• Nishimura has a super version of his charged punch, except that since time is frozen when he uses his super move, it hits instantly.
    • Onizuka's super version of his Spin Attack not only does more damage, but lets him continue the attack after the cinematic has ended.
    • Ryuichi and Ryuji have similar super moves that lets them channel Billy and Jimmy Lee from Double Dragon, enhancing their already-potent attacks.
    • Yamada, being the Big Bad, gets a cinematic form of his telekinesis move, which allows him to hit his target instantly, and a powerful takedown grapple. His final boss form has two similar supers — one where he does a weird gesture that hits all opponents in the direction he's facing, and another that acts like an extended, stupidly powerful version of his takedown attack, adding rapid-fire stomps while standing on his downed opponent and ending with a kick for good measure.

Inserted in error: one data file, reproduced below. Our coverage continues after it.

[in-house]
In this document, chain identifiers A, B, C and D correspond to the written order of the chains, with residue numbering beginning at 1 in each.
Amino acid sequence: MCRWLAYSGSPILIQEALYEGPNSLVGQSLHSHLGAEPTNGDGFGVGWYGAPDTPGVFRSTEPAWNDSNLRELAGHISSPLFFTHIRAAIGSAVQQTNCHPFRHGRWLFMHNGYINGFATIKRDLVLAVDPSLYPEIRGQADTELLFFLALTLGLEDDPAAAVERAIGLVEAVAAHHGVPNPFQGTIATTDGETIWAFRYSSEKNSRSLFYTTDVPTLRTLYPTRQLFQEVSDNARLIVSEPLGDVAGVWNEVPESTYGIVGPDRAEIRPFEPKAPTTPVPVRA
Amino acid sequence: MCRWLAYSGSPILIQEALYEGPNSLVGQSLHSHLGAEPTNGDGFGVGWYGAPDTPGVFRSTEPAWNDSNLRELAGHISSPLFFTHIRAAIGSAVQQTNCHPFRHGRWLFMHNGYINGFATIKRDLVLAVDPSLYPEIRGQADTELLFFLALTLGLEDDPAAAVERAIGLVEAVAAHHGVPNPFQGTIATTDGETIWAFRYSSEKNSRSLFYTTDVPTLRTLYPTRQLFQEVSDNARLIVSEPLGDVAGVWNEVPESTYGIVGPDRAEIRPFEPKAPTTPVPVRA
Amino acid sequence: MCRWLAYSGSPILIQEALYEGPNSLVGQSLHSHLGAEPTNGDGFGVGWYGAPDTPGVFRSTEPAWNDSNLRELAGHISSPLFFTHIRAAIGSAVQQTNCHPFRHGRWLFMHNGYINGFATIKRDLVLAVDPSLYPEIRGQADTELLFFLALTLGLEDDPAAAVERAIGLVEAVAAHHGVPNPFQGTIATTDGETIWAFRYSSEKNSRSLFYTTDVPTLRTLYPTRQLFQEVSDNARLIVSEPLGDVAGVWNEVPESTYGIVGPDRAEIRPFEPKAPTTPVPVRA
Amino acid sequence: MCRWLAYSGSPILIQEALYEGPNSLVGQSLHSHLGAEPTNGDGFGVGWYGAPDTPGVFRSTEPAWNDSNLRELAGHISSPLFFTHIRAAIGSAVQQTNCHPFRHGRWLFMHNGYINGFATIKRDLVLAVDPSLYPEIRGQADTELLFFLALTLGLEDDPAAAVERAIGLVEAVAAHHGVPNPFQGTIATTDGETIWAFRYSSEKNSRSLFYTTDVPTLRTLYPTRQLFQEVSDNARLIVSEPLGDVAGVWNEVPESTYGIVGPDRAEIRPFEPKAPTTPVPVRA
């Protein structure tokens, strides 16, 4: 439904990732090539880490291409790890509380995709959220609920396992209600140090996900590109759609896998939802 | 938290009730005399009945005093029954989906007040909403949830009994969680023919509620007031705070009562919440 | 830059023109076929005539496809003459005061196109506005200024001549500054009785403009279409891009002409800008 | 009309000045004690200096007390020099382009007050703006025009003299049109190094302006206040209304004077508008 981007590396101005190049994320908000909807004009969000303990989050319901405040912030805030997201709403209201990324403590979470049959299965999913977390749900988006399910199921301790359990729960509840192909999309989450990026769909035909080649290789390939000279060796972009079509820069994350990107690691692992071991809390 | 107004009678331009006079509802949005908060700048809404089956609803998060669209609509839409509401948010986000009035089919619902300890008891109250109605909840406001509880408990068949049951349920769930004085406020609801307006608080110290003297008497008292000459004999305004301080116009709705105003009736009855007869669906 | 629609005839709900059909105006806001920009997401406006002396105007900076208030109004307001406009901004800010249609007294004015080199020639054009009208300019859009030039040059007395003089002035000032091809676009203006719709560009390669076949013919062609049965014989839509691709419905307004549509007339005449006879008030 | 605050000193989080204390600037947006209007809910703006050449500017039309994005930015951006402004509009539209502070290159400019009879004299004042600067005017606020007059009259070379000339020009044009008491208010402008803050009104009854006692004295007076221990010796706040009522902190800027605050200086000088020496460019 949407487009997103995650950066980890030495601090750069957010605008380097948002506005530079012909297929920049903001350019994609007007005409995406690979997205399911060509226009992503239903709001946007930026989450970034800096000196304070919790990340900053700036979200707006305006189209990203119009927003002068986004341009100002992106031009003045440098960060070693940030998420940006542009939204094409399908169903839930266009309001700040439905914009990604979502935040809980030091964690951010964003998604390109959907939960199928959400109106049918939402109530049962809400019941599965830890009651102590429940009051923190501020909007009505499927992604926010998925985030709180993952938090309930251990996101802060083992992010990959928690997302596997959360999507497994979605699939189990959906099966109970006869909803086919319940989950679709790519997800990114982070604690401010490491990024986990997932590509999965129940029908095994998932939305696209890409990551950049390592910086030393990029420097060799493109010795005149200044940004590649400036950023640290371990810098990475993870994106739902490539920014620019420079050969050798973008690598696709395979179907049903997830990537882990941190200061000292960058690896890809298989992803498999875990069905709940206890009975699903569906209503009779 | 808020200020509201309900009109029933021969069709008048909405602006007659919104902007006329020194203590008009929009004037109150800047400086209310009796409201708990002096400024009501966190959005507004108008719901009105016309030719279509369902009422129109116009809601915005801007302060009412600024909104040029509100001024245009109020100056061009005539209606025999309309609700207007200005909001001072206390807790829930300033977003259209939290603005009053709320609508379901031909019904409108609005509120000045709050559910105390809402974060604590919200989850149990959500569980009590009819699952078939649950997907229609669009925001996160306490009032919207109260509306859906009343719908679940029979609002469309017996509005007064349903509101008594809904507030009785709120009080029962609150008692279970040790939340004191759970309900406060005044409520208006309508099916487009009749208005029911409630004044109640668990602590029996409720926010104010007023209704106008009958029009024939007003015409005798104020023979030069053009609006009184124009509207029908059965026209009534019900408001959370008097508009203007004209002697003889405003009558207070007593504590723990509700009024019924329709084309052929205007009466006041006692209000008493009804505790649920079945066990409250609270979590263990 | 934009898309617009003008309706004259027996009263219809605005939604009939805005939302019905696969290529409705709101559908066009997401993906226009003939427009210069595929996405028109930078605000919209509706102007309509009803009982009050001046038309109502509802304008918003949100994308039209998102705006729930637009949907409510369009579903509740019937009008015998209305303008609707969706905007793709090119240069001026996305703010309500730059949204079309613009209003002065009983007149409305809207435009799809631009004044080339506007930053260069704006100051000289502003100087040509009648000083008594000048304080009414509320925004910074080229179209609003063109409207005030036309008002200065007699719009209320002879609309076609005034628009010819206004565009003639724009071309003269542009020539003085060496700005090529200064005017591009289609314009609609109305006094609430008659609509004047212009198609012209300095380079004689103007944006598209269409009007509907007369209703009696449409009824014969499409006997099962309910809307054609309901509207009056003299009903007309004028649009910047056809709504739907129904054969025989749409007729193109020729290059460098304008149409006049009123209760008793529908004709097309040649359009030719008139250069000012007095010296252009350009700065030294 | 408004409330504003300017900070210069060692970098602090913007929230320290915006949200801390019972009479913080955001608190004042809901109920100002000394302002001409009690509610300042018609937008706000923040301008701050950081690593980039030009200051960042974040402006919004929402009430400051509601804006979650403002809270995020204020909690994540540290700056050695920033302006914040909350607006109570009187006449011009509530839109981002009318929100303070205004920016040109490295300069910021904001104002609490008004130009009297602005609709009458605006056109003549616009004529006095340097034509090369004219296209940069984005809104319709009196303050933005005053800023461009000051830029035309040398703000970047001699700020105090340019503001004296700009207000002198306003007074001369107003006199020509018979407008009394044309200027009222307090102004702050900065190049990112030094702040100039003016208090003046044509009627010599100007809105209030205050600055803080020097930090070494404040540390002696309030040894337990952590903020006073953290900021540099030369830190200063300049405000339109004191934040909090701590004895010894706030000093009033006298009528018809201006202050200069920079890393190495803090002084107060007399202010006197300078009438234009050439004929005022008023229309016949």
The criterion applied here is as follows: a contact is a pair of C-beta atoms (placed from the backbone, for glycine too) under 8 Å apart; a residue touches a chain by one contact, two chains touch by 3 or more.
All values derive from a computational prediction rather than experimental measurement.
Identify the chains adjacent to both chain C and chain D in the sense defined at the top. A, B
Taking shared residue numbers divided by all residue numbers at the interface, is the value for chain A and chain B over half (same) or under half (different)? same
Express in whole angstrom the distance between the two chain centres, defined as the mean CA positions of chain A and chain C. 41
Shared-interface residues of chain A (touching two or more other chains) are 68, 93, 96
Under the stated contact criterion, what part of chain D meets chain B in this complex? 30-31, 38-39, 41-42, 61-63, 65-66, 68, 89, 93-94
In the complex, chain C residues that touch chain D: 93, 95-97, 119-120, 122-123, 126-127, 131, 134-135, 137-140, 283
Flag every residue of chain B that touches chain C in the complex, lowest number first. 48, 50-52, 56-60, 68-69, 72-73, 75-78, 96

• Metal Slime: The Entrees gang in EX, who give ridiculous amounts of money and carry unique weapons, but flee from battle almost immediately.
  • Mirror Match: In the GBA remake only.
  • Money Spider: Justified in part by only fighting human opponents — but isn't it strange how every member of a gang always has the same change in their pockets?
    • When you consider everything else about the gangs, no, not really.
  • The Movie:River City Rumble, a fan-made tribute movie made by X-Strike Studios. Still better than half of the game-based movies out there.
  • Never Say "Die": Everyone always faints when they fall down with no more health and willpower. (On the other hand, the NES manual actually says that you die if you run out of stamina.)